• Ultimately, this rule change ensures the COGCC has the best information from local governments and federal agencies, enabling the Director to identify any potential conflicts, differences or concerns that may exist, eliminating potential duplicative efforts as well as potential conflicting rulings that are extremely costly to the taxpayer.
  • WRLG was also successful in generating rule changes to be clearer about local land use decisions vs. decisions made by the COGCC, which will prevent confusion and related, unnecessary local government costs moving forward.

Other Mission Change Rulemaking Outcomes

Despite Colorado voters’ overwhelming rejection of a statewide setback ballot initiative in 2018 (Proposition 112), after all witness testimony was complete, the COGCC introduced a statewide 2,000-foot setback rule for occupied structures as a part of the Mission Change rulemaking. In several instances, WRLG successfully lobbied for critical variances, or “off-ramps” to some of the most stringent rules, including building setbacks and wildlife habitat buffers to account for the diverse nature of our state and the expertise and authority of local governments.

  • Regarding the proposed 2,000-foot setback rule, WRLG’s initial ask was for a reduced setback as our members do not believe the scientific data supports such a distance. When it became clear that the Commission would adopt a 2,000-foot setback, WRLG successfully argued for numerous exceptions from this requirement. Through our testimony, exhibits and conferral with individual COGCC Commissioners and leadership, WRLG ensured the setback is “soft,” not “hard” as originally presented.
  • As a result of our efforts, the commission will base setback decisions on the following, among other factors:
    • Geological, technological and topographical considerations
      Anticipated size, duration, and intensity of all phases of a proposed operation
    • The Relevant Local Government’s opinions on land use permits, including any siting decisions and conditions of approval identified by the local government
    • The Operator’s engagement and consultation with nearby residents and businesses regarding planned oil and gas operations
  • Additionally, WRLG’s efforts were successful in:
    • Requiring formal Commission hearings when a well is ordered to be permanently plugged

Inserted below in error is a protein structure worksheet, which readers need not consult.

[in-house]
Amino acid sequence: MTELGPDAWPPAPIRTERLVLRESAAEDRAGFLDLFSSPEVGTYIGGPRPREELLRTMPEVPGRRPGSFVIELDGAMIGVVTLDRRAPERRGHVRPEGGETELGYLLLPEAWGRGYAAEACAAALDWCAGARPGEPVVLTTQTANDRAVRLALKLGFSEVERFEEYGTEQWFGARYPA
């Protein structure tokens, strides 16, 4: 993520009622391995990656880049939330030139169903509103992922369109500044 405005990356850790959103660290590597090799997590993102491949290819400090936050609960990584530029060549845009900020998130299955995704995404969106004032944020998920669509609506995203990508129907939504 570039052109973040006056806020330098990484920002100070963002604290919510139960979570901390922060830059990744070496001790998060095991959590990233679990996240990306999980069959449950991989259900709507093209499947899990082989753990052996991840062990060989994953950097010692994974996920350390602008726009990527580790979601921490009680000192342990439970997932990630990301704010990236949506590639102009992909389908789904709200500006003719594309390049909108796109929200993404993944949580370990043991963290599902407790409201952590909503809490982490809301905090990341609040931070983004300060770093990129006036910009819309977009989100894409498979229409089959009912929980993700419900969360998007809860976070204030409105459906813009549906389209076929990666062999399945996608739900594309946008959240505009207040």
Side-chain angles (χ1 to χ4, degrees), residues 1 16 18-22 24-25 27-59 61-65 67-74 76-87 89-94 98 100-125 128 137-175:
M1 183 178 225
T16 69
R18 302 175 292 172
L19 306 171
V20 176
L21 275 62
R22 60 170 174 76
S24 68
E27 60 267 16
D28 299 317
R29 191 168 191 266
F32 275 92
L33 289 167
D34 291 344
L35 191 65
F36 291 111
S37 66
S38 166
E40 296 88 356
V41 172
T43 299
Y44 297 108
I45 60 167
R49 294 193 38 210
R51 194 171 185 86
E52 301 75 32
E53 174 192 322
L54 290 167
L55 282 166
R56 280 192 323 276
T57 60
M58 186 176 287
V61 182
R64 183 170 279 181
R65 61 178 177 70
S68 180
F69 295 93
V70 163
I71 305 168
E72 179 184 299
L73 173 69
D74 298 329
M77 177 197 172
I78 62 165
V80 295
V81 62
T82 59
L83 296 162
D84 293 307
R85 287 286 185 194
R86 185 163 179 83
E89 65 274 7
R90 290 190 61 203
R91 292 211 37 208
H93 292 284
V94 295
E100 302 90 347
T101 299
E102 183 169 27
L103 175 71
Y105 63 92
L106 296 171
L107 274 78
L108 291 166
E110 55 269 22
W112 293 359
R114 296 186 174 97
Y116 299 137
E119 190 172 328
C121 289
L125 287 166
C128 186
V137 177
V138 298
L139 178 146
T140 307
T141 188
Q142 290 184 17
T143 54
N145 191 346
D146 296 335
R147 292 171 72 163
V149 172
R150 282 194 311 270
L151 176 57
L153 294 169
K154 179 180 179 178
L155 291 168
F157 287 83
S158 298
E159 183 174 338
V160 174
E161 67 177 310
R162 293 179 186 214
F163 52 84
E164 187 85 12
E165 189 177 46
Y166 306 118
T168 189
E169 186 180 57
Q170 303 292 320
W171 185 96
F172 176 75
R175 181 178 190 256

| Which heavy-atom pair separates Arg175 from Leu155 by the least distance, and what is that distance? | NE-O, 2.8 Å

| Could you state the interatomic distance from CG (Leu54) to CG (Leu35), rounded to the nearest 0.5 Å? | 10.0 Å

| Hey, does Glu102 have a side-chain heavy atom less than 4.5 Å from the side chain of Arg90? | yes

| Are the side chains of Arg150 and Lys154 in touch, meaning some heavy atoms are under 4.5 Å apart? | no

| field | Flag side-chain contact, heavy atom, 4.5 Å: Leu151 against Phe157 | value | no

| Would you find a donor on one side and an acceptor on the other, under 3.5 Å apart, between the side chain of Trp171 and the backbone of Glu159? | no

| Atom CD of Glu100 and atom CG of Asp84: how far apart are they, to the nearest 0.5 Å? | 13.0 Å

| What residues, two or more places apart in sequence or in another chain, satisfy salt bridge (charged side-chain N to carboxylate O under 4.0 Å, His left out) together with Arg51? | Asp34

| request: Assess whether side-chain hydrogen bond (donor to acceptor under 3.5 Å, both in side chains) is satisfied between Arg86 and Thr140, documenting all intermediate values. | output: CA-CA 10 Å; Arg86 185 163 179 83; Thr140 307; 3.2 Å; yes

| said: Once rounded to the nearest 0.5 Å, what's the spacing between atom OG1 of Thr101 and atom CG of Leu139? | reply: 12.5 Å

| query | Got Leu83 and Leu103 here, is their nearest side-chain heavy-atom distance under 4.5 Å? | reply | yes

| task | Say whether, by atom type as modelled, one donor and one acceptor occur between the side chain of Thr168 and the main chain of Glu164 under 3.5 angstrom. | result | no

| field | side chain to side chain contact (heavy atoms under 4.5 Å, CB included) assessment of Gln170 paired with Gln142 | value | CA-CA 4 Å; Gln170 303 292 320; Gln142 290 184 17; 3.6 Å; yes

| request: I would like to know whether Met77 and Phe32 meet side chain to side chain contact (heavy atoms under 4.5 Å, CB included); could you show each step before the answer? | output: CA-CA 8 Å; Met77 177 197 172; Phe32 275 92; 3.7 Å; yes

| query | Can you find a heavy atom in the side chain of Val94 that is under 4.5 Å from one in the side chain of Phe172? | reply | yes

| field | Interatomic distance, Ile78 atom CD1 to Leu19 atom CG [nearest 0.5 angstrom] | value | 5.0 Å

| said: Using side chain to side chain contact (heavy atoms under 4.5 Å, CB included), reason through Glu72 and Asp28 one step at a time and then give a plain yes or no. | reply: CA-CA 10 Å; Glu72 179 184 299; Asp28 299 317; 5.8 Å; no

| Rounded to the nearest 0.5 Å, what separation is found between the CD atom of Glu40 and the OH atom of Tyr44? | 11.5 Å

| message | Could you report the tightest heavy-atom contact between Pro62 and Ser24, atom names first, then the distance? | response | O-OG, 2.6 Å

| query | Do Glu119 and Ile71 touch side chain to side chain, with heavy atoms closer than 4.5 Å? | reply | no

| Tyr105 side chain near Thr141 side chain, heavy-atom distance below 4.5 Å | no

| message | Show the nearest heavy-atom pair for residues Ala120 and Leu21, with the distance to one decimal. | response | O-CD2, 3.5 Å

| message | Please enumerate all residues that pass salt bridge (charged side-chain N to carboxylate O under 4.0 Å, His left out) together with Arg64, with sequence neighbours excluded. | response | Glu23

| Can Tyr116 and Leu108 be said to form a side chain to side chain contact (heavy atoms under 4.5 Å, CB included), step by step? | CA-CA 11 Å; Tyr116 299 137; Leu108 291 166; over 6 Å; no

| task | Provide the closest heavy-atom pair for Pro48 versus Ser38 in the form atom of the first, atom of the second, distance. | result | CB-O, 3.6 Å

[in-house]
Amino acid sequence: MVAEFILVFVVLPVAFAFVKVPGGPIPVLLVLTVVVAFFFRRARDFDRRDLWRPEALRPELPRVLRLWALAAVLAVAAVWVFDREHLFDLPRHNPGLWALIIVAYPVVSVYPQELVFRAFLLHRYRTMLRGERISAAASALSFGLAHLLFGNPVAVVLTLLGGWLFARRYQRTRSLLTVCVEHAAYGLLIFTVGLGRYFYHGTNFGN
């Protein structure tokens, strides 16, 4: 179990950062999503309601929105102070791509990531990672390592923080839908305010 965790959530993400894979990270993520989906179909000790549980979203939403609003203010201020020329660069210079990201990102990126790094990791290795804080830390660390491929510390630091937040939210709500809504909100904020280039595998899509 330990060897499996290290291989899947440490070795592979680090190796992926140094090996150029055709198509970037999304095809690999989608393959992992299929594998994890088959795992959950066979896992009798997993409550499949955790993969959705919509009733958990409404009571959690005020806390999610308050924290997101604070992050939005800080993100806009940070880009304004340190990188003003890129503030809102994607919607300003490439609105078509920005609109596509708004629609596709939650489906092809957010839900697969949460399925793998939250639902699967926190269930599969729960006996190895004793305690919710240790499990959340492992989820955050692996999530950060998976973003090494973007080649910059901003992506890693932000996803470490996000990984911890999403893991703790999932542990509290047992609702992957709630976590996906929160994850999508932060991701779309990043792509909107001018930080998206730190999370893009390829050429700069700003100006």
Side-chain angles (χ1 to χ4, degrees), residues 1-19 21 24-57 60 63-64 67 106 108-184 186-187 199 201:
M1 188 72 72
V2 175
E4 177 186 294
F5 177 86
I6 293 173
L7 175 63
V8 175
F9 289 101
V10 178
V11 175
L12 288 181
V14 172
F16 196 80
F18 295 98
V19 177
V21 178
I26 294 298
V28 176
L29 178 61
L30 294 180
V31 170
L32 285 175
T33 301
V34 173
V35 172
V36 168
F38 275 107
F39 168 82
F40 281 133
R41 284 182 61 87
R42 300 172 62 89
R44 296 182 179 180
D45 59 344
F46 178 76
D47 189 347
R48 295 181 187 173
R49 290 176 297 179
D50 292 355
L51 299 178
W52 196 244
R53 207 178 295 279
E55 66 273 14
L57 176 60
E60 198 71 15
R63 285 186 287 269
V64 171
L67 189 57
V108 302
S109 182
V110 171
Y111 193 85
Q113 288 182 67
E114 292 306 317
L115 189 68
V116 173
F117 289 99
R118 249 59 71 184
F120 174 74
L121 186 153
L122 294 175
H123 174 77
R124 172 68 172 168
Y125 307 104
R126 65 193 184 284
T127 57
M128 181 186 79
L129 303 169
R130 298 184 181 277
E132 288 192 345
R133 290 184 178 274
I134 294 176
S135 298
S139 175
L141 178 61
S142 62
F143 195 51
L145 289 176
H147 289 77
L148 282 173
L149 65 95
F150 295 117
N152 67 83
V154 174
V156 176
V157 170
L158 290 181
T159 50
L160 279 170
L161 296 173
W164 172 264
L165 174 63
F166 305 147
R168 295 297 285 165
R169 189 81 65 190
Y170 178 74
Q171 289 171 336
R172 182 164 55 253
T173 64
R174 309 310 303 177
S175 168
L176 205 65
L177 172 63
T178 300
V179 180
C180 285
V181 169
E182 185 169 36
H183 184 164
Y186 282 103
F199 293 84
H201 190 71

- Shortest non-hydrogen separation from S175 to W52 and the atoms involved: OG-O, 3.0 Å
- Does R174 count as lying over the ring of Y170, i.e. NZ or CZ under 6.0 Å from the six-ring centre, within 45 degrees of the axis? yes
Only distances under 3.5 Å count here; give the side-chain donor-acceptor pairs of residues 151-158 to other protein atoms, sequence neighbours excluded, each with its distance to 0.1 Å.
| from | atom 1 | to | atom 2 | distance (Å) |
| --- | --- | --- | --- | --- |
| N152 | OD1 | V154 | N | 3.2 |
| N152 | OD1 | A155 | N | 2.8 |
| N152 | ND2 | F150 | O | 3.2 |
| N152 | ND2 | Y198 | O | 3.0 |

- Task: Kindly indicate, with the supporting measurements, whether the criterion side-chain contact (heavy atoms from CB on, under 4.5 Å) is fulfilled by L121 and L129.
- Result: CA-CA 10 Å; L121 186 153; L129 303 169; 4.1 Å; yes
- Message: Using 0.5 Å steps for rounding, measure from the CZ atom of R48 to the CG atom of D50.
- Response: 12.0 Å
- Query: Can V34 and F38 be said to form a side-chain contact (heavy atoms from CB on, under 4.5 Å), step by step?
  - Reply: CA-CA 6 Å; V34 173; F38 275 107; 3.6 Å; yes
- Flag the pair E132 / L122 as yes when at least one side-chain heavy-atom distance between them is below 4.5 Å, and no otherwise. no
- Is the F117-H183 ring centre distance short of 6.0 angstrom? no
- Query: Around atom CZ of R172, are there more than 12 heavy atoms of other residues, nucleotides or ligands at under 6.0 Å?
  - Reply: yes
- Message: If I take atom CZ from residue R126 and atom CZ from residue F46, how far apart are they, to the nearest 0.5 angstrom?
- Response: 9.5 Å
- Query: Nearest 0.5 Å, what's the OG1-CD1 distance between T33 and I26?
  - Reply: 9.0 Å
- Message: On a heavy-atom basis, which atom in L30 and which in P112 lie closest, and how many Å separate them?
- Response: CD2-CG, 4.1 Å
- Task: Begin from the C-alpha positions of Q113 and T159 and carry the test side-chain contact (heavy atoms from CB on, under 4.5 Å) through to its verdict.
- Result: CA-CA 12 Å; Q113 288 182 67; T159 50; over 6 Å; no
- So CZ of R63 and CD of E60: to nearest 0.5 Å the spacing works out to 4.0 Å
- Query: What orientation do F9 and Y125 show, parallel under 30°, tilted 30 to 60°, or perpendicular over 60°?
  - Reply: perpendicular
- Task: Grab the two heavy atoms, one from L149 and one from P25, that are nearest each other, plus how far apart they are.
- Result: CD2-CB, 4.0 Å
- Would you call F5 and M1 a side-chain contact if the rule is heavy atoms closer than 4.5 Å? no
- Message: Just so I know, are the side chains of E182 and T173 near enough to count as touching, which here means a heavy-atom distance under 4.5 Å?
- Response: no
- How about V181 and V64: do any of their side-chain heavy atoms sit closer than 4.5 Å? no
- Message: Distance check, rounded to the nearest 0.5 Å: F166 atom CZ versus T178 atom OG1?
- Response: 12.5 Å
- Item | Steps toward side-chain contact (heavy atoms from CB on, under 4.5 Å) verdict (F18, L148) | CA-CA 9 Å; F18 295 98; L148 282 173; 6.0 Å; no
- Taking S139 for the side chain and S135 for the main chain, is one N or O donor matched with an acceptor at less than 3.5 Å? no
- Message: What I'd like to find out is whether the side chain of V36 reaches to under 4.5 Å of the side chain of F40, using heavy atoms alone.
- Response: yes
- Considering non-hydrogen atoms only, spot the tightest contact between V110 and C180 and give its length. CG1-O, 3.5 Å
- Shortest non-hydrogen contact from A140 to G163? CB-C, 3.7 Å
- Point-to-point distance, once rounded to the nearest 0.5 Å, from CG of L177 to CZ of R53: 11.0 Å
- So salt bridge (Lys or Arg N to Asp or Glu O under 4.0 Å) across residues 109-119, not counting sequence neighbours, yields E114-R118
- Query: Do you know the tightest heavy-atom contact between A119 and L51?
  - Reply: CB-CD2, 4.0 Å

• Creating a “soft” rather than “hard” setback from Colorado’s rivers and streams and associated sensitive fisheries when an operator adheres to a specific list of Best Management Practices
    • Updating language to remove “proximate local governments” from the definition of “affected persons” for a site plan, understanding that just because a site is located within 2,000 feet of an adjacent local government does not mean that government will be adversely affected by the plan.
  • The original rules as drafted allowed the Commission to deny a permit if “in its judgement” the plan does not protect public health, safety, welfare, the environment and wildlife resources. WRLG asserted that language was arbitrary and vague and persuaded the Commission to include language in the final rules that establish specific criteria that must be met before the Commission can deny a permit.
  • WRLG’s efforts repeatedly championed local governments’ role in making the best decisions for the areas they were elected to govern – including areas where local governments have existing oil and gas regulations that include an opportunity for a public engagement and comment.

WRLG Moving Forward

While our coalition of 23 rural county and municipalities banded together specifically for the Mission Change rulemaking process, our members plan to continue communicating about, and collaborating on issues that have an impact on less populated western and rural areas of Colorado. We are proud to have generated tangible and positive changes to the Mission Change rules and will continue to be a unified voice for Colorado’s western and rural communities.